WEDNESDAY
March 15, 2000
volume 11, no. 53
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NEWS & VIEWS     Acknowledgments
Articles provided through Catholic World News and Church News at Noticias Eclesiales and International Dossiers, Daily Dispatches and Features at ZENIT International News Agency. CWN, NE and ZENIT are not affiliated with the Daily CATHOLIC but provide this service via e-mail to the Daily CATHOLIC Monday through Friday.

PATRIARCH STRESSES SPIRITUAL NATURE OF PAPAL VISIT TO HOLY LAND
Israel Confirms Trip Will Promote Jewish-Christian Relations

    ROME/JERUSALEM, MAR 14 (ZENIT.org).- The imminent Papal visit to the Holy Land is important to Israel, even though its motives are entirely spritual, according to an adviser to the Israeli Embassy to the Vatican. Even as politicians speak of the benefits to the peace process or to relations between Christians and Jews, Latin Patriarch Michel Sabbah is working to move attention back to the real meaning of the visit.

    Following his "spiritual" pilgrimage to Ur of the Chaldeans, Abraham's birthplace, and after walking in Moses' footsteps in Mount Sinai, Egypt, John Paul II will journey once again, this time to the Promised Land, from March 20-26.

    Perhaps this is the most significant trip of the 90 the Holy Father has undertaken since the beginning of his pontificate. Nazareth, Bethlehem, and Jerusalem are places where the Church's roots sink deeply. From here Peter, the Galilean fisherman, left with the Gospel on his lips and in his heart. After 2000 years of Christianity, his successor, John Paul II, returns to this land to announce to the world the perennial presence of Christ in his Church.

    The Papal pilgrimage is also very important for Israel, as Zvi Tal confirmed over Vatican Radio. Zvi Tal is an adviser at the Israeli Embassy to the Vatican. "Clearly, it is a very significant trip, also for the State of Israel. We are facing a very important stage of the inter-religious dialogue, and we are certain that this trip can contribute to promote this dialogue. We are also facing a decisive moment in the framework of the peace process, and the Holy Father has always encouraged and blessed this process."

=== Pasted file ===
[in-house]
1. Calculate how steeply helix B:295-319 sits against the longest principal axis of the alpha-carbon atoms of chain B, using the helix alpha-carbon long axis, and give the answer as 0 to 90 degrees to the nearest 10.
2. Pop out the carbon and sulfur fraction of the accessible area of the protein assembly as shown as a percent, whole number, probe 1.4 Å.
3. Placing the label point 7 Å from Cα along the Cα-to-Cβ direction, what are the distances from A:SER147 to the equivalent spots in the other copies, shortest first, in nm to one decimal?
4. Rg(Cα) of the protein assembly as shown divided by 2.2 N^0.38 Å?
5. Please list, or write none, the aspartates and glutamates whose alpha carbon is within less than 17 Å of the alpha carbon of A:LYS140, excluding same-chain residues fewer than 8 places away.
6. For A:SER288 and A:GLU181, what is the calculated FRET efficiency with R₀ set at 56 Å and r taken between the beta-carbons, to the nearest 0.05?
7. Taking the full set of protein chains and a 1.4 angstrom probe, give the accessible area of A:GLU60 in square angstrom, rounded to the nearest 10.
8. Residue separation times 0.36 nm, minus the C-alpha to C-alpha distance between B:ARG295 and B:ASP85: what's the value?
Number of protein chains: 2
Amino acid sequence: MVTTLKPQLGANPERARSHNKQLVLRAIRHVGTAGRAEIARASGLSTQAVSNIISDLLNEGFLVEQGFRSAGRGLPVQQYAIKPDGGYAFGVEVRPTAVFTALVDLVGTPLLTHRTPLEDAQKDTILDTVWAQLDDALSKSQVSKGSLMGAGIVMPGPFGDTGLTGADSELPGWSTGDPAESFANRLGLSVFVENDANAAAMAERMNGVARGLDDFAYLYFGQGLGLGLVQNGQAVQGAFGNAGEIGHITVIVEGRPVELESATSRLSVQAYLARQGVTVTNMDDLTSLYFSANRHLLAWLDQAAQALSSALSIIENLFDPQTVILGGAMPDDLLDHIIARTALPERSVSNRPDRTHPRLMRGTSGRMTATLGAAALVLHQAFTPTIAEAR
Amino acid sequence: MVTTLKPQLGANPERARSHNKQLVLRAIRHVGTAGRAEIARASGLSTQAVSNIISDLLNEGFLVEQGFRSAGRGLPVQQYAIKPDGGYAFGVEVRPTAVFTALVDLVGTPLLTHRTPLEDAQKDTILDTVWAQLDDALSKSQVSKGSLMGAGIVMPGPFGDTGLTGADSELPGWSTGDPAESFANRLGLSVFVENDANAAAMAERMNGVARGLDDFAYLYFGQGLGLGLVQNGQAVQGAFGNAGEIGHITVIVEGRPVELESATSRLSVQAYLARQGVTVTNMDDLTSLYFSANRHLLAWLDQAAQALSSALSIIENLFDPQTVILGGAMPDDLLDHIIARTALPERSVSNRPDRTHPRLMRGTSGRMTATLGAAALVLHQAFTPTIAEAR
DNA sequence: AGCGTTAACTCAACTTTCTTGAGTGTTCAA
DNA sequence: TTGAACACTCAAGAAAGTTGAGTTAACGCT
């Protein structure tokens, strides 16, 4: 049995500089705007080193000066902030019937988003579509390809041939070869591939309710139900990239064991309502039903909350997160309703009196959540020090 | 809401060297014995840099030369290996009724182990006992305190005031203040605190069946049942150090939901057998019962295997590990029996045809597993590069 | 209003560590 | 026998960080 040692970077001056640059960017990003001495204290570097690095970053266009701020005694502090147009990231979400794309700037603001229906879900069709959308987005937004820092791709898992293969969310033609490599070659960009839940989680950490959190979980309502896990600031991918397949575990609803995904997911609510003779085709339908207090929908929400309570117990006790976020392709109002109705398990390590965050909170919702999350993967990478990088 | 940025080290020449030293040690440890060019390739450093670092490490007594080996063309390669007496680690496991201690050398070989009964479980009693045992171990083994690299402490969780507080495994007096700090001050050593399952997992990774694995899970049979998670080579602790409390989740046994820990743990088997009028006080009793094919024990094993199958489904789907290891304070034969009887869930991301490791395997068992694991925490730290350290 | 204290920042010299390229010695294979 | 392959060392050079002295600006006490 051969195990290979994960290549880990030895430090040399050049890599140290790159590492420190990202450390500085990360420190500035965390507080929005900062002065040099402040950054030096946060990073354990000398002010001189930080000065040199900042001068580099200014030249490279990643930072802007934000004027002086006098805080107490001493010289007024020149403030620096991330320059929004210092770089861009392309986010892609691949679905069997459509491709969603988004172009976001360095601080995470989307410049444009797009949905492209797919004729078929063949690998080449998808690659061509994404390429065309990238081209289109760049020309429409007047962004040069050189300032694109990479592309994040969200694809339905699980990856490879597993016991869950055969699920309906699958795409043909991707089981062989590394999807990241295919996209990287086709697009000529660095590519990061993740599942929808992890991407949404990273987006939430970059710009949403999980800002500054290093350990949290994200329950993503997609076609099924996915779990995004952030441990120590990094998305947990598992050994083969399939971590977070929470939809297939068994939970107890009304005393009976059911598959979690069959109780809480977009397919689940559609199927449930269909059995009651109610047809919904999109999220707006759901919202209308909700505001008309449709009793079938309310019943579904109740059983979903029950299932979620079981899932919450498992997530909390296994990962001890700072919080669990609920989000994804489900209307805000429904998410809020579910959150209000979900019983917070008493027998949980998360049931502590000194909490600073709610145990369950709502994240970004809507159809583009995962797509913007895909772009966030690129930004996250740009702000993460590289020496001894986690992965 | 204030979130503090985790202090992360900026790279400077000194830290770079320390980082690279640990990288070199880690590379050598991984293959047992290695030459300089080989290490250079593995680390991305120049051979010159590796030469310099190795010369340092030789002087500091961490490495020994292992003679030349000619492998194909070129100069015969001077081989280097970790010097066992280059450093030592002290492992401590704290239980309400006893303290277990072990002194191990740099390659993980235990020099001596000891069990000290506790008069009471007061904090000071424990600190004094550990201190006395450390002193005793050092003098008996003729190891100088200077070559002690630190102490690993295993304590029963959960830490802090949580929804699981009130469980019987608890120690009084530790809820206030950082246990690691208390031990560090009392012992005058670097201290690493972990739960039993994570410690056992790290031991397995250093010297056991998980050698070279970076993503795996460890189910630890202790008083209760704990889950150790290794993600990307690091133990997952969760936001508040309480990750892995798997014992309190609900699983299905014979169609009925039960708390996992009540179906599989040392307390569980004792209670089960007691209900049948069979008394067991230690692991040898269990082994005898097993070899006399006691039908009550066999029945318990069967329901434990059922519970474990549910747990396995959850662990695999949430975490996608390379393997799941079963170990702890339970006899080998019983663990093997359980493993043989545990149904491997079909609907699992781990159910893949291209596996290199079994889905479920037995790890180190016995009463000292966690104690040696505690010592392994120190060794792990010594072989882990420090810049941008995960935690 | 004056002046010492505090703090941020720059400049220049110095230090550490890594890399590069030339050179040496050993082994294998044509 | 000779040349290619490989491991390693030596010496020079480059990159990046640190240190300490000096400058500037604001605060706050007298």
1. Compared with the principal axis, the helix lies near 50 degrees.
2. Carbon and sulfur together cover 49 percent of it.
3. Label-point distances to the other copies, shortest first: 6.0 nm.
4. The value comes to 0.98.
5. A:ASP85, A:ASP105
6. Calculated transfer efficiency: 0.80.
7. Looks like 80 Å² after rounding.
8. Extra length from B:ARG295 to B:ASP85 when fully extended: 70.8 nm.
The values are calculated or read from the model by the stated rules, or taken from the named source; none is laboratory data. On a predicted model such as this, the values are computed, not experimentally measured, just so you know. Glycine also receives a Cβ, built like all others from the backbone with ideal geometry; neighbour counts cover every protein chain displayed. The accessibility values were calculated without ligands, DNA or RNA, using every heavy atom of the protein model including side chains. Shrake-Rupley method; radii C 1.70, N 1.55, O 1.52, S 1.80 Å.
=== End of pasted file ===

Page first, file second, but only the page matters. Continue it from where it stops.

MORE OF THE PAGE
As regards Israelis' expectations, the diplomat said that "the majority of the Israeli people have great respect for this Pope, who has always made an important contribution in opposing anti-Semitism, which he defined as 'a sin against religion.' For this reason, I think a very important moment of this pilgrimage will be the visit to Yad-Vashem, the museum built in Jerusalem in memory of the Holocaust."

    The apostolic pilgrimage includes some of the principal stages of the history of salvation: Mount Nebo, from which, according to tradition, Moses contemplated the Promised Land before his death; the River Jordan, which is the step to the Promised Land of the people of the Covenant and a symbol of the step to a new life on the part of those baptized. Here is where Jesus began his public life, which took him to Galilee and Jerusalem. Christian tradition has called these stages "Holy Places," as they are connected to the history of God's Revelation to all men. Just like the early Christian pilgrims, the Pope is going to these places during the Jubilee Year, to celebrate the coming of Christ among men, and his Resurrection.

    This was, in fact, the main topic at the press conference held today in Jerusalem by Latin Patriarch Michel Sabbah of the Holy City. "Within a few days, we will welcome the Holy Father and, together with the community of believers, which has lived uninterruptedly from the beginning of Christianity around the Holy Places and maintains in them the memory of the divine mystery of salvation, he will carry out his pilgrimage, pray and confirm the local and universal Church in its spiritual renewal on the occasion of the Great Jubilee," he said.

    There were a great many reporters at the press conference from all over the world. Disappointing those who asked questions of a political order about the Pope's meetings with the heads of State of Israel and the Palestine Authority, the Patriarch insisted on the spiritual nature of the pilgrimage. "The Pope will bring everyone an up-to-date message of love and peace. We hope the political leaders will hear him and, with greater courage, establish justice and peace in this land and in the whole region."

    The hope of His Beatitude Michel Sabbah is that this pontifical trip "will be the beginning of new times in which Jerusalem will become what God wills, a city of prayer and peace in which all believers meet to construct peace in this region and the world." ZE00031407

          

March 15, 2000
volume 11, no. 53
NEWS & VIEWS

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